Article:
One thrown game is one way too many. But I have to believe the majority of the sport is on the up and up. There's too much to lose and not enough money to be made, even if players are starving for cash, the dangers and prison time stand to be too drastic. Vegas eyes its lines and team behavior like a mother bee at her hive. Be encouraged by the fact this was snuffed out. Be encouraged that the FBI and Las Vegas put millions of dollars of labor every year into keeping tabs on college sports, aiming to keep it clean.

The NCAA can't be expected to police itself in this matter. It can only hand out the punishments after the leg work's been done, in most cases. While this makes men’s college basketball look horrible, throwing games isn't as rampant as one might think because it's getting snuffed out at places like Toledo and San Diego.

Photo: AP
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Category: NCAAB
Comments

Since: Jan 15, 2008
Posted on: September 5, 2012 5:28 pm
 

Be encouraged by San Diego's bust in bribery case

Why couldn't they throw the season opener versus Stanford in 2009-2010?  Frown



Since: Sep 11, 2006
Posted on: April 15, 2011 4:20 pm
 

Be encouraged by San Diego's bust in bribery case

Yo man, Lebron didn't throw that series, the Cavs just never were the best team.  NEVER.  And now they're the worst. 



Since: Jan 5, 2011
Posted on: April 14, 2011 2:56 pm
 

Be encouraged by San Diego's bust in bribery case

They need money to pay for their tatoos!!

I'm just automatically assuming that this is a strike at ohio state.



Since: Nov 29, 2007
Posted on: April 14, 2011 8:15 am
 

Be encouraged by San Diego's bust in bribery case

They need money to pay for their tatoos!!



Since: Sep 24, 2007
Posted on: April 13, 2011 1:41 pm
 

Be encouraged by San Diego's bust in bribery case

Syracuse at home versus Seton Hall,Cuse were 15 or 16 point favs in that game and didn't even play,that game smelled bad Hall winning by22 I think you proved SU is innocent by the very numbers you posted. Point shaving is just that, shaving points. When a team just stinks it up it is never point shaving. Point shaving is not noticable in the game results, it is discovered when there is a heavy concentration of betting coupled with rumors of a student having too much money!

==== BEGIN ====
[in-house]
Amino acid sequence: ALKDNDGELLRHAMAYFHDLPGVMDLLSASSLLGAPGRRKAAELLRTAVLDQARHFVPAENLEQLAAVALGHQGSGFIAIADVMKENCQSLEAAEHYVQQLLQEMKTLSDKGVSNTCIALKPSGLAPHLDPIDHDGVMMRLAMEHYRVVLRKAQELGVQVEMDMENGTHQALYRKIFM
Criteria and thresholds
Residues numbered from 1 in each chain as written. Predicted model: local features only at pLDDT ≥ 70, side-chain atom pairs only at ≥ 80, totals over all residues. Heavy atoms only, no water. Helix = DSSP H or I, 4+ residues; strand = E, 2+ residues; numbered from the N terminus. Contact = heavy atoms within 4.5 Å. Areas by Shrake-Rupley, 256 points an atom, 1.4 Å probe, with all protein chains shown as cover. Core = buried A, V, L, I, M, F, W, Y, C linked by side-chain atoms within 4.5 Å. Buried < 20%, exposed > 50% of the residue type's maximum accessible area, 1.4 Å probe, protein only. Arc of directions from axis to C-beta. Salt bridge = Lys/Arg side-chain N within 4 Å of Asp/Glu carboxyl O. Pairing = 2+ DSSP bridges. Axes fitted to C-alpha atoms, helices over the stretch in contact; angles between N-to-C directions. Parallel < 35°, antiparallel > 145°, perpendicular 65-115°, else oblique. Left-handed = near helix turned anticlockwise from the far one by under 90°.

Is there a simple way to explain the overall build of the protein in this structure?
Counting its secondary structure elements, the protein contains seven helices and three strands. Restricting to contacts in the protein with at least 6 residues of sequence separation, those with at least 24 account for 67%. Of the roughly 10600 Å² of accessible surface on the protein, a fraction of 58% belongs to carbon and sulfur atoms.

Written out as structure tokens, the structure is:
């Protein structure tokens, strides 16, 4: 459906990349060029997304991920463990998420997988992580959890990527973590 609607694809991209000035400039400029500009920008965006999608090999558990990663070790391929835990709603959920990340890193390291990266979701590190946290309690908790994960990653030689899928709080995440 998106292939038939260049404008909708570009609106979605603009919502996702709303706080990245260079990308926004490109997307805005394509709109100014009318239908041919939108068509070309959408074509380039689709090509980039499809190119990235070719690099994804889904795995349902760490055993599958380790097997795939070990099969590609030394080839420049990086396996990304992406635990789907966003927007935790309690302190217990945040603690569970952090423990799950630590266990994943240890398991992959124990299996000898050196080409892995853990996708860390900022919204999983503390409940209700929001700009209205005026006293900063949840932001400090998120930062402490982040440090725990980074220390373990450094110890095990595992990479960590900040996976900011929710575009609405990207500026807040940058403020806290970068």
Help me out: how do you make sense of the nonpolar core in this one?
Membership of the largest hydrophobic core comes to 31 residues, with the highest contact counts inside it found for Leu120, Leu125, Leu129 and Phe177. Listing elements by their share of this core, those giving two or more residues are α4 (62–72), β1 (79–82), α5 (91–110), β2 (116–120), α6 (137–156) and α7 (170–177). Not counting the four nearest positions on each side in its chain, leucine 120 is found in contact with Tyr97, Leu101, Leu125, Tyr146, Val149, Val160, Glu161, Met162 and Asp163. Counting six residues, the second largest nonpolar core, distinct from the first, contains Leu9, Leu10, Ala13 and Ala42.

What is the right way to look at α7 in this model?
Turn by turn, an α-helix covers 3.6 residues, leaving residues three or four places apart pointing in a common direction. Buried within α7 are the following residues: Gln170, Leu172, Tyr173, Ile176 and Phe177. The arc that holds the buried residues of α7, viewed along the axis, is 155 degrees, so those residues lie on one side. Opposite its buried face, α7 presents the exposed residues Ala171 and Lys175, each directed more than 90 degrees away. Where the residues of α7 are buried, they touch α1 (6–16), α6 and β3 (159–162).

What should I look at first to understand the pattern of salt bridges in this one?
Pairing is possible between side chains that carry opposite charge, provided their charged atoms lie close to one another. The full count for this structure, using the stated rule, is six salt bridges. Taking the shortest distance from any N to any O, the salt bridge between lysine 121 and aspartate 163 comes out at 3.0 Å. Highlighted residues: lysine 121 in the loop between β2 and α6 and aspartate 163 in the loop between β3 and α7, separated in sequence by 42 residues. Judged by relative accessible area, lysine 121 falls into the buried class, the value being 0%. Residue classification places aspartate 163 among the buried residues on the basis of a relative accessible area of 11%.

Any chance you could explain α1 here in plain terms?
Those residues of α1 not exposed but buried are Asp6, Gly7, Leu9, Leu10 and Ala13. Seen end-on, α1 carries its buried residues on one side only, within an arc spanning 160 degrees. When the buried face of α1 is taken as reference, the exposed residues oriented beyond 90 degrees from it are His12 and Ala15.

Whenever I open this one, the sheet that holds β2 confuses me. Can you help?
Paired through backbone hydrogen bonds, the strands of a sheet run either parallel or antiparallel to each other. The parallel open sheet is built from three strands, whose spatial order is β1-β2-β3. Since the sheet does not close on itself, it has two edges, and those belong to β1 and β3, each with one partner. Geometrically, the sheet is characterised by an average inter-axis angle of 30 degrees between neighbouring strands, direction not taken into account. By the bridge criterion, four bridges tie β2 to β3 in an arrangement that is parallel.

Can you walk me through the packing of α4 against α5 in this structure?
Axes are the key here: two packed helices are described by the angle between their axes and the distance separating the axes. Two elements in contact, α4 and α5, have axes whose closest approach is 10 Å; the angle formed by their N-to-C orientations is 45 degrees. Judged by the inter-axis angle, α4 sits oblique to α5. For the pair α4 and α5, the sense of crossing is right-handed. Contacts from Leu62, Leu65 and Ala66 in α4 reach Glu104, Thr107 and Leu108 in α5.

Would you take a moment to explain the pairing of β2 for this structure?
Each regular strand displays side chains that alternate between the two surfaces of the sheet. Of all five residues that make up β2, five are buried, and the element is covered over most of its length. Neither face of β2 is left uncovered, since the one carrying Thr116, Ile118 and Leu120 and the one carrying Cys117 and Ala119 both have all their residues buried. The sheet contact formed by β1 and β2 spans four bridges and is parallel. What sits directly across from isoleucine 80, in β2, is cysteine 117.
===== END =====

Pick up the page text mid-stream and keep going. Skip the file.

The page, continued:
Since: Aug 17, 2007
Posted on: April 13, 2011 1:32 pm
 

Be encouraged by San Diego's bust in bribery case

I know it's not right but some say " If you're not cheating, you're not trying."  People do it in the everyday world, why are we so surprised when it happens in sports?




Since: Aug 19, 2006
Posted on: April 13, 2011 1:19 pm
 

Be encouraged by San Diego's bust in bribery case

From watching Syracuse play all year, here is a suspect:


SCOOP JARDINE



Since: Apr 22, 2009
Posted on: April 13, 2011 12:53 pm
 

Be encouraged by San Diego's bust in bribery case

Dear Matt
      
; I hope someone pulls your head out before you suffocate.  You do not think that it is wide spread?  It happens about everyday in basketball because it is the easiest game to fix.  Examples  A certain NBA player hurt his elbow, and the team was elminated from playoffs.  Why does the NBA have a lottery for the first draft pick?  Why is the lottery done in the back?   Because the teams have got caught cheating!  Only one NBA ref cheated? How can you cheat by yourself?  Look at ALL basketball games, team gets behind by 20 points and comes back to win or makes it real close and this happens EVERYNIGHT and it is not cheating.  Officials will call a game close until the end and then things that have been OK all night are now fouls.  You call them "bad calls".  I learned a long time ago not to bet on baskeball games.



Since: Feb 22, 2008
Posted on: April 13, 2011 9:26 am
 

Be encouraged by San Diego's bust in bribery case

I very very rarely rip on the author of an article, prefering to focus on individual points, but this article is terrible.
No logic, no evidence, seemingly no understanding of history while proclaming an uninformed opinion so confidently and biasedly.
This article should never had made it past the approval process.
I would list all the ways this article is wrong but I simply don't have time to list 50 pages of facts regarding mob history and parellels to every sector of crime and how the "smaller" guy gets caught way more often.
This guy I know is being audited.  He must have been the only one to fudge his taxes a bit, surely no rich person or large corporation did the same! I can rest easier now and stick the uncle sam pacifier in my mouth knowning the ones in charge have tax evasion under control and thwarted this isolated event.
If only he had enough money to bribe someone high up to look the other way or promise a lobbyist to create a ficticuous 6 figure job for his son or have hired a bunch of intermediaries with compartmentalized plausable denability.....



Since: Dec 17, 2008
Posted on: April 13, 2011 8:59 am
 

Be encouraged by San Diego's bust in bribery case

Insignificant school?  They play in the WCC which has an automatic qualifying bid to the tournament.  And the year they beat UConn they were one win away from the Sweet 16 so I don't see how that minimizes anything.